LEADING: All meetings of the seminar will have a student discussion leader; stories will be assigned at the first meeting.  Discussion leaders will begin the class with an overview of relevant information about the story and its author including, but not limited to: biographical information about the author, historical context of the work and its production, the site and nature of the story's publication.  This information should be outlined on handouts for fellow students.  Discussion leaders will also be responsible for preparing 5 questions or discussion points to present to the class in order to facilitate class discussion, though not all of these questions will necessarily be used.

PAPERS: Students will be expected to write two papers of 2000 words in length during the term.  (The second paper can be a 4000 word expansion of the first paper.) The goal is to produce papers that can be presented at academic conferences.  The first is due on May 2, the second during the exam period on June 9.  The papers should argue a coherent point based firmly in the text of stories read during the term, citing specific passages to support the argument.  Specialists should also display a familiarity with relevant secondary scholarship. 

GRADING: Your final grades will consider your participation (40%), your discussion leading (20%), and your papers (20% each).  Though the quality of your work is central to your grade, evaluations of that quality will take into consideration individual skills.  Effort will be rewarded.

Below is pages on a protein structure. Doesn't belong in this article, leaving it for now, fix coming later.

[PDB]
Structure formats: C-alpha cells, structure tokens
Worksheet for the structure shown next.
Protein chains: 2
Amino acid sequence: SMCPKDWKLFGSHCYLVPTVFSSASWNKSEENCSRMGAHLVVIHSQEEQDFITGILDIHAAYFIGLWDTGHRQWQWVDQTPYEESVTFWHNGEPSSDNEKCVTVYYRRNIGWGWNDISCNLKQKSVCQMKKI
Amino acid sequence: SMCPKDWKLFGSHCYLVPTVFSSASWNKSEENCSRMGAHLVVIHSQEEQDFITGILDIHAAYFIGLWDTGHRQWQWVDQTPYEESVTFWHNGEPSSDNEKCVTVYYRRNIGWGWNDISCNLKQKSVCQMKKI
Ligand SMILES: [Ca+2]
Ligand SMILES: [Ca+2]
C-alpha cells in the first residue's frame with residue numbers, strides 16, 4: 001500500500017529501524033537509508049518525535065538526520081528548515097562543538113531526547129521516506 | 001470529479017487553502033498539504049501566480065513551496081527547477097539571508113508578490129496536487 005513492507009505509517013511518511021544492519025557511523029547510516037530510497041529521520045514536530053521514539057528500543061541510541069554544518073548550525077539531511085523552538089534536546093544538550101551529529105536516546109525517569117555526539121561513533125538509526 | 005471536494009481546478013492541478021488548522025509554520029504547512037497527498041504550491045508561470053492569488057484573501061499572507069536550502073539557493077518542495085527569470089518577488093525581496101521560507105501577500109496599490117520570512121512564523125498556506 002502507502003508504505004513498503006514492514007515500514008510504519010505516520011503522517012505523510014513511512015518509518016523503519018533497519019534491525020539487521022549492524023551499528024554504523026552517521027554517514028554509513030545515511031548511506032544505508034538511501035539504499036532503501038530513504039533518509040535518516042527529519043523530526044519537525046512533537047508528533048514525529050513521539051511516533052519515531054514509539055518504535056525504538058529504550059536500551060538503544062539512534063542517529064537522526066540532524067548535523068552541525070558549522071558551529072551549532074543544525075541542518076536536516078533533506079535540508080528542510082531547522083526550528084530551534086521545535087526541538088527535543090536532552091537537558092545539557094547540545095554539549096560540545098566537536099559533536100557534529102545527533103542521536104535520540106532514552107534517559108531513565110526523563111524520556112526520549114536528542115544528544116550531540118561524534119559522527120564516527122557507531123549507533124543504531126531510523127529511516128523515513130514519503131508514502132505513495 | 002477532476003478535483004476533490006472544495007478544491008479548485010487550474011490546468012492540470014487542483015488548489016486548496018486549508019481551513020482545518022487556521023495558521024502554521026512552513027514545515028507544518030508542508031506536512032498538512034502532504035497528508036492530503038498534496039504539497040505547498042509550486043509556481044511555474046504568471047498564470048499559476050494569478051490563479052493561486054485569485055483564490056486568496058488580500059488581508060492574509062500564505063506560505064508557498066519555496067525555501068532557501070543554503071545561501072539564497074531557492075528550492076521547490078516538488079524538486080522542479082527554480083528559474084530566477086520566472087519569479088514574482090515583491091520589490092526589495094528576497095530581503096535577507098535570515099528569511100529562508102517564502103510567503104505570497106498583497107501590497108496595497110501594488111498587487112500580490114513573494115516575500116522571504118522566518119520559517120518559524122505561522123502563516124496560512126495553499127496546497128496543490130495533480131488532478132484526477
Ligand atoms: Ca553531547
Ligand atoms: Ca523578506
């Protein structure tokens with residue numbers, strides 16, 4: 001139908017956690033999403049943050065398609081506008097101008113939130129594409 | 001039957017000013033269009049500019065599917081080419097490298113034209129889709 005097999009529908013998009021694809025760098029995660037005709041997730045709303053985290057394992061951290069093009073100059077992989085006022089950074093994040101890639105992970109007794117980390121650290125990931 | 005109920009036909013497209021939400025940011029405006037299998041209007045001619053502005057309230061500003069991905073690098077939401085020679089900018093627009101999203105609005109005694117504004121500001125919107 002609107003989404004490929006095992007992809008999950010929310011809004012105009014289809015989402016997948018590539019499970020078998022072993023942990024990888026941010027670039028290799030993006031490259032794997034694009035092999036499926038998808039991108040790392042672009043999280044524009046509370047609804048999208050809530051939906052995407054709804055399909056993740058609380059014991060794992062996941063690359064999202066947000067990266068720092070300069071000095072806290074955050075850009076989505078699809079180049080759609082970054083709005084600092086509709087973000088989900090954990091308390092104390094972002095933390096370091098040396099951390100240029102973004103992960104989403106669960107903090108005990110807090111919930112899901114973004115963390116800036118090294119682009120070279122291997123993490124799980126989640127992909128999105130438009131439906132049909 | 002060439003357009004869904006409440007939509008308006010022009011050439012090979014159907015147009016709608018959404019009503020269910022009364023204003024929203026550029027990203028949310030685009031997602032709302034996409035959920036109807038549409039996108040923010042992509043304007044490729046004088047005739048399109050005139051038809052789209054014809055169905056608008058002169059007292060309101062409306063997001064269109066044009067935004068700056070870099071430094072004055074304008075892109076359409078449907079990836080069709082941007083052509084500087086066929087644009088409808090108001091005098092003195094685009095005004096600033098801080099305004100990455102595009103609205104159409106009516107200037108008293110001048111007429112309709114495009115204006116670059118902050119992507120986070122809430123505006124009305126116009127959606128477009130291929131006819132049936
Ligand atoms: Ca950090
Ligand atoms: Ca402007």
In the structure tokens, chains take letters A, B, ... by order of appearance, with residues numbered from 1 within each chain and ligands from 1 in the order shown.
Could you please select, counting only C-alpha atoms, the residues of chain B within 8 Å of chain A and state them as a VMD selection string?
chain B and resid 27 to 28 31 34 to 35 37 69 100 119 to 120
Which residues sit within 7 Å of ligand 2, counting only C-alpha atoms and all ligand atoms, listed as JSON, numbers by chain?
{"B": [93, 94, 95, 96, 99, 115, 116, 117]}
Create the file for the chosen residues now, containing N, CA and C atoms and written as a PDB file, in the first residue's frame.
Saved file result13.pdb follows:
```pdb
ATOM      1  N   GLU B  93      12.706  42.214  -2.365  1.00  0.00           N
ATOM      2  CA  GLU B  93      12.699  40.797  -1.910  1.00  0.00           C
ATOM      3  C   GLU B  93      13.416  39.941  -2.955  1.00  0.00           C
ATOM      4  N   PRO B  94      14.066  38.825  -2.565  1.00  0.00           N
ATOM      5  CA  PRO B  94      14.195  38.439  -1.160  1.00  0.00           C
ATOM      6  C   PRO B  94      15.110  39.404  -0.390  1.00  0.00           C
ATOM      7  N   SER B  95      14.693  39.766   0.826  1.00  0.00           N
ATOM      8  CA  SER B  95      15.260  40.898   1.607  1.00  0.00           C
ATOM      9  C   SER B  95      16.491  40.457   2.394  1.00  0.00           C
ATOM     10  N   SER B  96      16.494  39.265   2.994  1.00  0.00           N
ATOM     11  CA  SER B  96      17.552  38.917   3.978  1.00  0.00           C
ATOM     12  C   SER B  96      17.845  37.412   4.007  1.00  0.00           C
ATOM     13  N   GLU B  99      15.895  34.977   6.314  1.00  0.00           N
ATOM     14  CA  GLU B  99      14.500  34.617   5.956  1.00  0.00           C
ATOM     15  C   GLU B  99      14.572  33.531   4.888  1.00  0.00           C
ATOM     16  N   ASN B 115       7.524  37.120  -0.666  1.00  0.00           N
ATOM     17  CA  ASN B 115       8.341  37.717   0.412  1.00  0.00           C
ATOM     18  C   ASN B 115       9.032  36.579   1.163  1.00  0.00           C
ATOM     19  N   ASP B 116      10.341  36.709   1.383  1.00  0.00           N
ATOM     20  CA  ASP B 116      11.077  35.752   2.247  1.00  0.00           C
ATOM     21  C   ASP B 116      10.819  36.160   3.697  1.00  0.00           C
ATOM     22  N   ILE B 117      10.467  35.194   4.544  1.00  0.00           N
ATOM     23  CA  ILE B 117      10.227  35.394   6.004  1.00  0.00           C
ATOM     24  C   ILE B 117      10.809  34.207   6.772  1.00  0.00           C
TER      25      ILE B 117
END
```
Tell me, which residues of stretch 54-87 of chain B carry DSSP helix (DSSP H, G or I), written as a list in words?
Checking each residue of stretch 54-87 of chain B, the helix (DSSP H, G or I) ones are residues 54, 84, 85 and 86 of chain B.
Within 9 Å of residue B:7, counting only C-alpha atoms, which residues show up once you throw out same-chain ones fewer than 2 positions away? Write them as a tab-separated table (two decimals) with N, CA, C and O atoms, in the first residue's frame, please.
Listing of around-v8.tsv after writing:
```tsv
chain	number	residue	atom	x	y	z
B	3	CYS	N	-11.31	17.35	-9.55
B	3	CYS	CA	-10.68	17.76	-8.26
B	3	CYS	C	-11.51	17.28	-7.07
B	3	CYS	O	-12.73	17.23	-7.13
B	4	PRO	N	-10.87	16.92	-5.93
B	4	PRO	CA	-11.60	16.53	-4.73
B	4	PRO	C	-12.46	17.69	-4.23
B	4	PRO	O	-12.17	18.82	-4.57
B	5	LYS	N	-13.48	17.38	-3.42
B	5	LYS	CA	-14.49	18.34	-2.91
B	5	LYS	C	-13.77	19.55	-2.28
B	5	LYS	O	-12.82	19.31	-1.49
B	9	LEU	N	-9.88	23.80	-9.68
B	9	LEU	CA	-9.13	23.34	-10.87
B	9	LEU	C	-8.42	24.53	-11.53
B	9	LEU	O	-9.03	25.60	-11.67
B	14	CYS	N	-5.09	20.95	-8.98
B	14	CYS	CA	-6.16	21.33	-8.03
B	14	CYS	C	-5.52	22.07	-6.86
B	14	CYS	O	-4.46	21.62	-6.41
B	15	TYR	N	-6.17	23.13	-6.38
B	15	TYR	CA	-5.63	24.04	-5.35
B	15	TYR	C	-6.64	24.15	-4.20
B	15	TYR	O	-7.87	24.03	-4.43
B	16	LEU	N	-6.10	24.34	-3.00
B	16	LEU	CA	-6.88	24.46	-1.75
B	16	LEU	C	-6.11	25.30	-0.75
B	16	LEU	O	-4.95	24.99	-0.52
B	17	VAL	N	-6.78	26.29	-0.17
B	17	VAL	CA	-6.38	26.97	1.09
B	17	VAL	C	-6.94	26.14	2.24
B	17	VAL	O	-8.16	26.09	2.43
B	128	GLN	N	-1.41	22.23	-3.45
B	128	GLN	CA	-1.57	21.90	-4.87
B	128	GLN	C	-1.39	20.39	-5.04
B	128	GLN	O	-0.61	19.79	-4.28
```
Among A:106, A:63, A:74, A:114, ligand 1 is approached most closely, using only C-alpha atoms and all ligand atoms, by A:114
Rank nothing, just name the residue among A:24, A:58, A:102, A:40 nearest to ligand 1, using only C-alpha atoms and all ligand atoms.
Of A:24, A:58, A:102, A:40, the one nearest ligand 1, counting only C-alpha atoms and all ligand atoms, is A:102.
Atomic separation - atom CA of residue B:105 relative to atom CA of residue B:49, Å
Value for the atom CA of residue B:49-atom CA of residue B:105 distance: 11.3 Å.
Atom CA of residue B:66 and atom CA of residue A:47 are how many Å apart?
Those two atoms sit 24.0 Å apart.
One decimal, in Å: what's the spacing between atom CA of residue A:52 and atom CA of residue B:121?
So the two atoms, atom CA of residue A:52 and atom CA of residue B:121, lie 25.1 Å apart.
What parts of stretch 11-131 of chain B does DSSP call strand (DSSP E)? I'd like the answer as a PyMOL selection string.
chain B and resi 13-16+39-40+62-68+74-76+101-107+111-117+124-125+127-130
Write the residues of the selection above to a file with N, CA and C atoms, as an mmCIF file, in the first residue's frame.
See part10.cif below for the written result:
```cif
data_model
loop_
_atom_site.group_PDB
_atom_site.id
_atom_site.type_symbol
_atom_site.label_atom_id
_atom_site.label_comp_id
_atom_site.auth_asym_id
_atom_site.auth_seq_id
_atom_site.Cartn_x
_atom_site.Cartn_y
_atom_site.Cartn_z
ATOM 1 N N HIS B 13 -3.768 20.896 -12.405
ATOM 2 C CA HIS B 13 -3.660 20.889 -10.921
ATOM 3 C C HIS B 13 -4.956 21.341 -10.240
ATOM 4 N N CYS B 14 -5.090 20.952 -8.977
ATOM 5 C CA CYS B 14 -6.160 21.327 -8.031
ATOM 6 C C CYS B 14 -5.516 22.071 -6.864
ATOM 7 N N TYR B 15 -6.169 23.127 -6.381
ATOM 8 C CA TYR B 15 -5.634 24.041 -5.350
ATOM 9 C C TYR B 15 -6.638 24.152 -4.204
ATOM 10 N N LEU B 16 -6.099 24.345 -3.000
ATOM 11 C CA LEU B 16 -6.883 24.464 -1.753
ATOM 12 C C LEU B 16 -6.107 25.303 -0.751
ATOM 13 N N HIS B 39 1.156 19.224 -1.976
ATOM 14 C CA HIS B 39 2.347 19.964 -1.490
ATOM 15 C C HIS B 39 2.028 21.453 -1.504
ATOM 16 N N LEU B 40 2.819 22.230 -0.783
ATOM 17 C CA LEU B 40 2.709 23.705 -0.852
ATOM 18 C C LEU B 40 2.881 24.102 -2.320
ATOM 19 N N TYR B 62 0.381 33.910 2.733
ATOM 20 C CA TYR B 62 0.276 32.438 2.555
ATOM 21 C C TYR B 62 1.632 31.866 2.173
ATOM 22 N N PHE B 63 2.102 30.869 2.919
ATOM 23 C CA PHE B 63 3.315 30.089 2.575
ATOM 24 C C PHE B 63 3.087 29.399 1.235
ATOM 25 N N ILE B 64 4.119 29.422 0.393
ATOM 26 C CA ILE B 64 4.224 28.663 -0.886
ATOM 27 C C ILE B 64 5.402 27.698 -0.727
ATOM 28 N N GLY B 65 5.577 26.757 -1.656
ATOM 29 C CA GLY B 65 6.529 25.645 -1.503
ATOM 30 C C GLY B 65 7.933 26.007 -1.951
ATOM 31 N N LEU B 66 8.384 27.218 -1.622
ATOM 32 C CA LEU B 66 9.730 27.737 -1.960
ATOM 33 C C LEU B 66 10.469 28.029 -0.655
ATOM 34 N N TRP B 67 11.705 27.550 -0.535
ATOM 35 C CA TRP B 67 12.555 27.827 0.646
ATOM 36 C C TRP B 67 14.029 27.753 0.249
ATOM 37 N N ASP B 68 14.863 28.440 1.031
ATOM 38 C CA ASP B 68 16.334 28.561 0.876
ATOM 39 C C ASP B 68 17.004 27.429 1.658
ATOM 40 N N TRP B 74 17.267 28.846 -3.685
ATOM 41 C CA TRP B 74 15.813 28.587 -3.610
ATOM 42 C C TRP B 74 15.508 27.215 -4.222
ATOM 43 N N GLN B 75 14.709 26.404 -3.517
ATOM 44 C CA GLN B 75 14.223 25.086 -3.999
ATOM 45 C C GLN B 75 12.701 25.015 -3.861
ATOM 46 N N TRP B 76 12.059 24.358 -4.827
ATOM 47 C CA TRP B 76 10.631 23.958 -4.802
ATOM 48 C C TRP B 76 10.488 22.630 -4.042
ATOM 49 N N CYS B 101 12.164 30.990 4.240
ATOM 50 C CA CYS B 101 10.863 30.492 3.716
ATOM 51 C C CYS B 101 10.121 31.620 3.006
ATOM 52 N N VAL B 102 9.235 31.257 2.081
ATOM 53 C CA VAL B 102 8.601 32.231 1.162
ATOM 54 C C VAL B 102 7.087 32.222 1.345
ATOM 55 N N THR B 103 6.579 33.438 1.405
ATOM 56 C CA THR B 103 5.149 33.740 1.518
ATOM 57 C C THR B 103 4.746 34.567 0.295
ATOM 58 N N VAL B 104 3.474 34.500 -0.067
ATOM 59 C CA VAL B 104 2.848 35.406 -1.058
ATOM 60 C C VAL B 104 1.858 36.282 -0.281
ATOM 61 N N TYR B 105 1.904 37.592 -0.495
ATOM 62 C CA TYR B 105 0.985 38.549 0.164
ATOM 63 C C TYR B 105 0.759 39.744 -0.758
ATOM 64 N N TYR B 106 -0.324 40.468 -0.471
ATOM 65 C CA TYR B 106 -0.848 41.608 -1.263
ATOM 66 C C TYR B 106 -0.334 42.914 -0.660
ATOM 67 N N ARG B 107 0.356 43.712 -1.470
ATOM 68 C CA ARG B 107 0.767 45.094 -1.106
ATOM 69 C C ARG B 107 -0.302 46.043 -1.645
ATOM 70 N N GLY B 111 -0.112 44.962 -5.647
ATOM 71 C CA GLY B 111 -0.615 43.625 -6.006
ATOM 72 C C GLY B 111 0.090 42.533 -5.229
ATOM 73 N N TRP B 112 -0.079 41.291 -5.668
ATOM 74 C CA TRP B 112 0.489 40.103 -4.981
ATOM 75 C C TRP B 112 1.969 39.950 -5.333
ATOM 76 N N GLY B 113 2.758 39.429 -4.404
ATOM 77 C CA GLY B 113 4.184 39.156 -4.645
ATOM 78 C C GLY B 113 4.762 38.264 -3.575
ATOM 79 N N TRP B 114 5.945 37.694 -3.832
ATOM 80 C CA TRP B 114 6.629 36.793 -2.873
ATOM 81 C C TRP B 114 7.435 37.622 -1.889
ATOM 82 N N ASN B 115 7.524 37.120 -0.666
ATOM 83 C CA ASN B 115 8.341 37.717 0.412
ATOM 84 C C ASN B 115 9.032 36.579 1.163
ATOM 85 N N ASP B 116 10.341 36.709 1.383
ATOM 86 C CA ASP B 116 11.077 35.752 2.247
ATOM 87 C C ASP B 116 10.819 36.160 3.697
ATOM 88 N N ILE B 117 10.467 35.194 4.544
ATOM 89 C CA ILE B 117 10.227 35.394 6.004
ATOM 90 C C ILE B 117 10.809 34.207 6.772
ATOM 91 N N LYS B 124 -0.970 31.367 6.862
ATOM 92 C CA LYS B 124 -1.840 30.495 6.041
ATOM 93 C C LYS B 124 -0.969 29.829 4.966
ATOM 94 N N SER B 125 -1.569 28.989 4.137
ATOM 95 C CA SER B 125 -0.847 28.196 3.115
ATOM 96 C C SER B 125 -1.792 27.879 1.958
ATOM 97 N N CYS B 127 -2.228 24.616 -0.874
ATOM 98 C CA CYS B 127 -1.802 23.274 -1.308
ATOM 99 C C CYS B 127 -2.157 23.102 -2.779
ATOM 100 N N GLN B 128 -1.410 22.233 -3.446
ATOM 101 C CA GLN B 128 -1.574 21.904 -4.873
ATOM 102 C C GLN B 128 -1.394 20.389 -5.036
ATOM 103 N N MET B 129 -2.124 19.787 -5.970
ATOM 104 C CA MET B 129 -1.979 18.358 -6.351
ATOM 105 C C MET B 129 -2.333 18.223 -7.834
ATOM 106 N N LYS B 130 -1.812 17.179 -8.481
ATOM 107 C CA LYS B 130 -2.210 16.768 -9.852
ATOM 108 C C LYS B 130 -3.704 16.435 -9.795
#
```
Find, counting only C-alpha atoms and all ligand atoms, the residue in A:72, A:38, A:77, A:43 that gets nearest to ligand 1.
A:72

STUDY GROUPS: I encourage students to meet outside of class to discuss the texts and problems they have encountered in reading those texts.  Please note that this does not include dividing up the reading of a story; all students will be expected to have read all of the stories, in full.

CHEATING AND PLAGIARISM: The presentation of another's words and ideas as one's own is a serious offense; violations will be dealt with according to the University codes of conduct, which stipulate sanctions up to and including expulsion.

ACADEMIC ACCOMMODATIONS: I will do everything I can to accommodate students with particular needs.  To request such an accommodation, please contact Disabled Student Services, 448 Schmitz, (206) 543-8924 (V/TTY).  If you have a letter from Disabled Student Services indicating that you require such accommodation, we can discuss ways to meet those needs.

Page last updated on March 20, 2012